The only good news for AMD is that the Penryn chips will still rely on the antiquated Front Side Bus (FSB) and off-chip memory controllers. However, this will not be the case for Intel’s next-generation Nehalem microarchitecture due in 2008 — the next “tock” in the tick-tock strategy. Nehalem is expected to jettison the FSB in favor of a more HyperTransport-like system interconnect and use an integrated memory controller. There’s even talk of including a GPU on some Nehalem processors. The fact that Intel is following in its smaller rival’s footsteps is probably of little consolation to AMD at this point.

For AMD to compete effectively in the x86 server market, it has to be on par with Intel’s semiconductor technology. That doesn’t mean AMD has to embrace the same technologies or have the same manufacturing structure as Intel, but if Opteron transistors are always going to be bigger and leakier than Xeon transistors, that seems unsustainable in the long run.

Since AMD relies heavily on IBM for its process technology R&D, maybe it’s time to invest more heavily in that partnership — or develop a larger alliance of companies that it can use for both semiconductor research and manufacturing. Big Blue itself would not appear to be as motivated as AMD is in outgunning Intel chips, since IBM’s own Power and PowerPC processors aren’t in direct competition with the Xeons. (Itaniums, of course, are another matter.) Indeed, IBM manufactures both Xeon- and Opteron-based servers. That means AMD itself needs to find a way to drive the process. But time is not on their side. Tick-tock.

—–

As always, comments about HPCwire are welcomed and encouraged. Write to me, Michael Feldman, at editor@hpcwire.com.

Subscribe to HPCwire's Weekly Update!

Be the most informed person in the room! Stay ahead of the tech trends with industy updates delivered to you every week!

Hedge Funds (with Supercomputing help) Rank First Among Investors

May 22, 2017

In case you didn’t know, The Quants Run Wall Street Now, or so says a headline in today’s Wall Street Journal. Quant-run hedge funds now control the largest Read more…

By John Russell

IBM, D-Wave Report Quantum Computing Advances

May 18, 2017

IBM said this week it has built and tested a pair of quantum computing processors, including a prototype of a commercial version. That progress follows an an Read more…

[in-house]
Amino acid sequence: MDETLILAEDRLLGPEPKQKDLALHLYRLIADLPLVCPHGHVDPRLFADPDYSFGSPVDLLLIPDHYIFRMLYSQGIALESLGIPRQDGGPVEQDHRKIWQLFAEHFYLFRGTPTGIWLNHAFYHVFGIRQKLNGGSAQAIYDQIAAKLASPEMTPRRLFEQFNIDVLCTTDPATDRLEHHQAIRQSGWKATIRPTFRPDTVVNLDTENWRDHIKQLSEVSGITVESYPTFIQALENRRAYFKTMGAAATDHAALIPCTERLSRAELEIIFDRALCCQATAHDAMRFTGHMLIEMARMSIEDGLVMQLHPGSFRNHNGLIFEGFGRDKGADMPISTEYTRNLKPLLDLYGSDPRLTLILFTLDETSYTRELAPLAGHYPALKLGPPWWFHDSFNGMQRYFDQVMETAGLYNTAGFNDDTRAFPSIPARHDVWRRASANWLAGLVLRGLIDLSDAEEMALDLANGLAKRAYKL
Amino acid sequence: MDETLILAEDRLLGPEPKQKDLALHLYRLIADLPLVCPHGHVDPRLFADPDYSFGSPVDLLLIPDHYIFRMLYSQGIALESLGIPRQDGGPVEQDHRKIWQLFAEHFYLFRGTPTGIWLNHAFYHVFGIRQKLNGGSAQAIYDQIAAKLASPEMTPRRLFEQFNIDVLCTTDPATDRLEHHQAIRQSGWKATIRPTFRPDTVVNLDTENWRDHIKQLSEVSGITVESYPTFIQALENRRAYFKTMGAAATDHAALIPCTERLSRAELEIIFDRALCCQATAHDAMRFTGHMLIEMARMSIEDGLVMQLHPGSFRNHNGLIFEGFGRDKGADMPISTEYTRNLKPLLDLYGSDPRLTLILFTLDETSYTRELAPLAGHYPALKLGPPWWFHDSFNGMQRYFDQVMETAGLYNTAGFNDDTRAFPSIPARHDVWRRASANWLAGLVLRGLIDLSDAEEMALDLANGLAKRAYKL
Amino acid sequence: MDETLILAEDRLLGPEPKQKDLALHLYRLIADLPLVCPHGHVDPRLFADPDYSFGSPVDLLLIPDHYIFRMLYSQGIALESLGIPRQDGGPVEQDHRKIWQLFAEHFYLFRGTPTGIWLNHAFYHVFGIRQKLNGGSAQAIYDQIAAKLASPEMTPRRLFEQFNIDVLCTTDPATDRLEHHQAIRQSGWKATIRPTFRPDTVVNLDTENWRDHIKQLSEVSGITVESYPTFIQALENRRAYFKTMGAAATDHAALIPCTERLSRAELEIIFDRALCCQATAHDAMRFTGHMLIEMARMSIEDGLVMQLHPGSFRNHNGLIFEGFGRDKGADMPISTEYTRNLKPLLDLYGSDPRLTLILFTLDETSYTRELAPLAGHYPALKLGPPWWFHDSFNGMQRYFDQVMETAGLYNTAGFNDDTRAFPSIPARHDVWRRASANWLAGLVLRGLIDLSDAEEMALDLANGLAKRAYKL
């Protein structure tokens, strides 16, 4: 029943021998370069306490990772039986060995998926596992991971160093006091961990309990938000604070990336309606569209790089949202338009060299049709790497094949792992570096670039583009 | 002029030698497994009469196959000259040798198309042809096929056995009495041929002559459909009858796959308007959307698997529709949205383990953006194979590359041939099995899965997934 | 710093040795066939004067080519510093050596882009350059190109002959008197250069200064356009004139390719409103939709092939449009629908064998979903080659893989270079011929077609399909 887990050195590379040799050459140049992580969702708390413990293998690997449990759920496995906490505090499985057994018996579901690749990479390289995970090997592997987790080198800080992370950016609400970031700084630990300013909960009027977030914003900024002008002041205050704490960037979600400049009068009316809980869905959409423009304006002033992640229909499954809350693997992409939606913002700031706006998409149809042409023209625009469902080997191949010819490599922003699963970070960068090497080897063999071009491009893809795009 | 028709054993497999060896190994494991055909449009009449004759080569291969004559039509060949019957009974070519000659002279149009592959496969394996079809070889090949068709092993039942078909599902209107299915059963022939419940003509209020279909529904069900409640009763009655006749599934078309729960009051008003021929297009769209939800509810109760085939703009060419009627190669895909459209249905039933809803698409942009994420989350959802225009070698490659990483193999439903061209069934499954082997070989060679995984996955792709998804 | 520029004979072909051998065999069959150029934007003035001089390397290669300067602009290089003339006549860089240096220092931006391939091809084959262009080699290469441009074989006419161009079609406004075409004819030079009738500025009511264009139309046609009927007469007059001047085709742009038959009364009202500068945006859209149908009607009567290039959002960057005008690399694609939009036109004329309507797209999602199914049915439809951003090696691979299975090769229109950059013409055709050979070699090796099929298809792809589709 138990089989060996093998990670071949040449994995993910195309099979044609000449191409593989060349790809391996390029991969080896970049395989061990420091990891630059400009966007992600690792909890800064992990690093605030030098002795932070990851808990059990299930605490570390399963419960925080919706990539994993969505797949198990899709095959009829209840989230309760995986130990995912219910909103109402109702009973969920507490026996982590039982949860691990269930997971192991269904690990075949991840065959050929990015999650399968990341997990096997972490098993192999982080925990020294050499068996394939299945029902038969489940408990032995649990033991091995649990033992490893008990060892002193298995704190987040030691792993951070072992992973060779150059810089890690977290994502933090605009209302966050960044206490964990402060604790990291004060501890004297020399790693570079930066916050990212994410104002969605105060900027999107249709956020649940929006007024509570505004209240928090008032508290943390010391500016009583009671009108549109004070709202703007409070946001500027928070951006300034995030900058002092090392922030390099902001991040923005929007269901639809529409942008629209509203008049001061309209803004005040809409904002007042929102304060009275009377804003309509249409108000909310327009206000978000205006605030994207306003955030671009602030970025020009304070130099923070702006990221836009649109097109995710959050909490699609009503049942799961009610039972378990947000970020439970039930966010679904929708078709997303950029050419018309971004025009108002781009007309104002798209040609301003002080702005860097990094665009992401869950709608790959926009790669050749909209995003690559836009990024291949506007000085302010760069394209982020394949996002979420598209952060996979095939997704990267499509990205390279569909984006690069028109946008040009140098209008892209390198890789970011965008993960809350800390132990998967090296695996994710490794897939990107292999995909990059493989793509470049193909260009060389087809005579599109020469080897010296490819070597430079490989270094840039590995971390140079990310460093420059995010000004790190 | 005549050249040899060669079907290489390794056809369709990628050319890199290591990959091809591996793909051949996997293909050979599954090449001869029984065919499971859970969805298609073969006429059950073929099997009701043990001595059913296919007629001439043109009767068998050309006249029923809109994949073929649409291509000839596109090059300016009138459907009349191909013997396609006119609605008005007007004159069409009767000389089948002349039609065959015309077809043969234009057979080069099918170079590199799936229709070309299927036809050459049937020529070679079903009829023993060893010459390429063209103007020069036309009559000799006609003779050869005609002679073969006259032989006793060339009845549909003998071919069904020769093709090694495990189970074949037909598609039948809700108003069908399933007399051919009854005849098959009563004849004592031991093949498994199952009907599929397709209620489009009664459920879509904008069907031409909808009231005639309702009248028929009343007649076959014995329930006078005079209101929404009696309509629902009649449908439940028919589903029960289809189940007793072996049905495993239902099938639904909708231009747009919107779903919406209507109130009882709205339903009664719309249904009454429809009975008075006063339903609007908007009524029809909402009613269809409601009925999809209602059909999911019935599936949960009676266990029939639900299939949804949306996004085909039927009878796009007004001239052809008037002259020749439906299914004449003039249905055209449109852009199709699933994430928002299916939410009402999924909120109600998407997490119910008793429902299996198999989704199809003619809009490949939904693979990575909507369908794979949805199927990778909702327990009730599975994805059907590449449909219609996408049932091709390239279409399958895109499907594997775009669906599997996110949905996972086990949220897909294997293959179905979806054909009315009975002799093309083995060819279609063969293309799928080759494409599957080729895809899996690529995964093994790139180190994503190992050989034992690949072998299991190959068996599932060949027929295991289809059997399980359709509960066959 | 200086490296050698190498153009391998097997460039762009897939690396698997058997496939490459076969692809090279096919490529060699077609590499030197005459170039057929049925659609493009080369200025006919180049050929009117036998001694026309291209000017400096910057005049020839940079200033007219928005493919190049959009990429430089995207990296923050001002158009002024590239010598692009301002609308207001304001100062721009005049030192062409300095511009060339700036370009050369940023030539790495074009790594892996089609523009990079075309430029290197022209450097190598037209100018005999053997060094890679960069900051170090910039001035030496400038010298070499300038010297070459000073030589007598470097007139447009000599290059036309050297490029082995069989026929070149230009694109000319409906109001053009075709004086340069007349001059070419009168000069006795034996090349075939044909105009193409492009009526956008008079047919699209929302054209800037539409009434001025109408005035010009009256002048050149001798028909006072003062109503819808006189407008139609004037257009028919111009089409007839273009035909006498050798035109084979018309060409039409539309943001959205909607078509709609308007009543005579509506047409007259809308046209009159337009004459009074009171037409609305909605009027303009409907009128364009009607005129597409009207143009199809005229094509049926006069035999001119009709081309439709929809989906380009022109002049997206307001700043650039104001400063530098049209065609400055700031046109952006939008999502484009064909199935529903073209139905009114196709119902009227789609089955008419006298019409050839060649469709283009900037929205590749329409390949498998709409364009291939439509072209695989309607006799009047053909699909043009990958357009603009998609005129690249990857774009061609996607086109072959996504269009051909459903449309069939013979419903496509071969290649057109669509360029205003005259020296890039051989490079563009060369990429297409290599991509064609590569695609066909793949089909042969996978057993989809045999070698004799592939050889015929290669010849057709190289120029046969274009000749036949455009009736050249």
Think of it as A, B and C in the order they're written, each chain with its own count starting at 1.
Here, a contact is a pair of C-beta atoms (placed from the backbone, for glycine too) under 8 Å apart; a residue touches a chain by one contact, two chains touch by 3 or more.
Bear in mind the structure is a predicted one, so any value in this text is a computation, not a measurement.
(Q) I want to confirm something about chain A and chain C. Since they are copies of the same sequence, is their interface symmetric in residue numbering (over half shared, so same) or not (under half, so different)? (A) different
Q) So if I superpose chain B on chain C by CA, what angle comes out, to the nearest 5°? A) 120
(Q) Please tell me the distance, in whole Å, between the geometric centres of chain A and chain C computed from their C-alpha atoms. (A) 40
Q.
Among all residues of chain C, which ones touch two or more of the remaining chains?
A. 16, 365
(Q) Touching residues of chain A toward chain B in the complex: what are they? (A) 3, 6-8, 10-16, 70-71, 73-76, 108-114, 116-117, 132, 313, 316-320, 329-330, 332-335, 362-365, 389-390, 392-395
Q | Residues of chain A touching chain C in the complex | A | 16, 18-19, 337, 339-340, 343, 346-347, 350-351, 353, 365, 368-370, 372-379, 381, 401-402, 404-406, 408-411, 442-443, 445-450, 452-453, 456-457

By George Leopold

PRACEdays 2017 Wraps Up in Barcelona

May 18, 2017

Barcelona has been absolutely lovely; the weather, the food, the people. I am, sadly, finishing my last day at PRACEdays 2017 with two sessions: an in-depth loo Read more…

By Kim McMahon

US, Europe, Japan Deepen Research Computing Partnership

May 18, 2017

On May 17, 2017, a ceremony was held during the PRACEdays 2017 conference in Barcelona to announce the memorandum of understanding (MOU) between PRACE in Europe Read more…

By Tiffany Trader

HPE Extreme Performance Solutions

Exploring the Three Models of Remote Visualization

The explosion of data and advancement of digital technologies are dramatically changing the way many companies do business. With the help of high performance computing (HPC) solutions and data analytics platforms, manufacturers are developing products faster, healthcare providers are improving patient care, and energy companies are improving planning, exploration, and production. Read more…

NSF, IARPA, and SRC Push into “Semiconductor Synthetic Biology” Computing

May 18, 2017

Research into how biological systems might be fashioned into computational technology has a long history with various DNA-based computing approaches explored. N Read more…

By John Russell

DOE’s HPC4Mfg Leads to Paper Manufacturing Improvement

May 17, 2017

Papermaking ranks third behind only petroleum refining and chemical production in terms of energy consumption. Recently, simulations made possible by the U.S. D Read more…

By John Russell

PRACEdays 2017: The start of a beautiful week in Barcelona

May 17, 2017

Touching down in Barcelona on Saturday afternoon, it was warm, sunny, and oh so Spanish. I was greeted at my hotel with a glass of Cava to sip and treated to a Read more…

By Kim McMahon

NSF Issues $60M RFP for “Towards a Leadership-Class” System

May 16, 2017

In case you missed it, the National Science Foundation issued the request for proposals (RFP) for the next ‘Towards a Leadership-Class Computing Facility – Read more…

By John Russell

Cray Offers Supercomputing as a Service, Targets Biotechs First

May 16, 2017

Leading supercomputer vendor Cray and datacenter/cloud provider the Markley Group today announced plans to jointly deliver supercomputing as a service. The init Read more…

By John Russell

HPE’s Memory-centric The Machine Coming into View, Opens ARMs to 3rd-party Developers

May 16, 2017

Announced three years ago, HPE’s The Machine is said to be the largest R&D program in the venerable company’s history, one that could be progressing tow Read more…

By Doug Black

What’s Up with Hyperion as It Transitions From IDC?

May 15, 2017

If you’re wondering what’s happening with Hyperion Research – formerly the IDC HPC group – apparently you are not alone, says Steve Conway, now senior V Read more…

By John Russell

Nvidia’s Mammoth Volta GPU Aims High for AI, HPC

May 10, 2017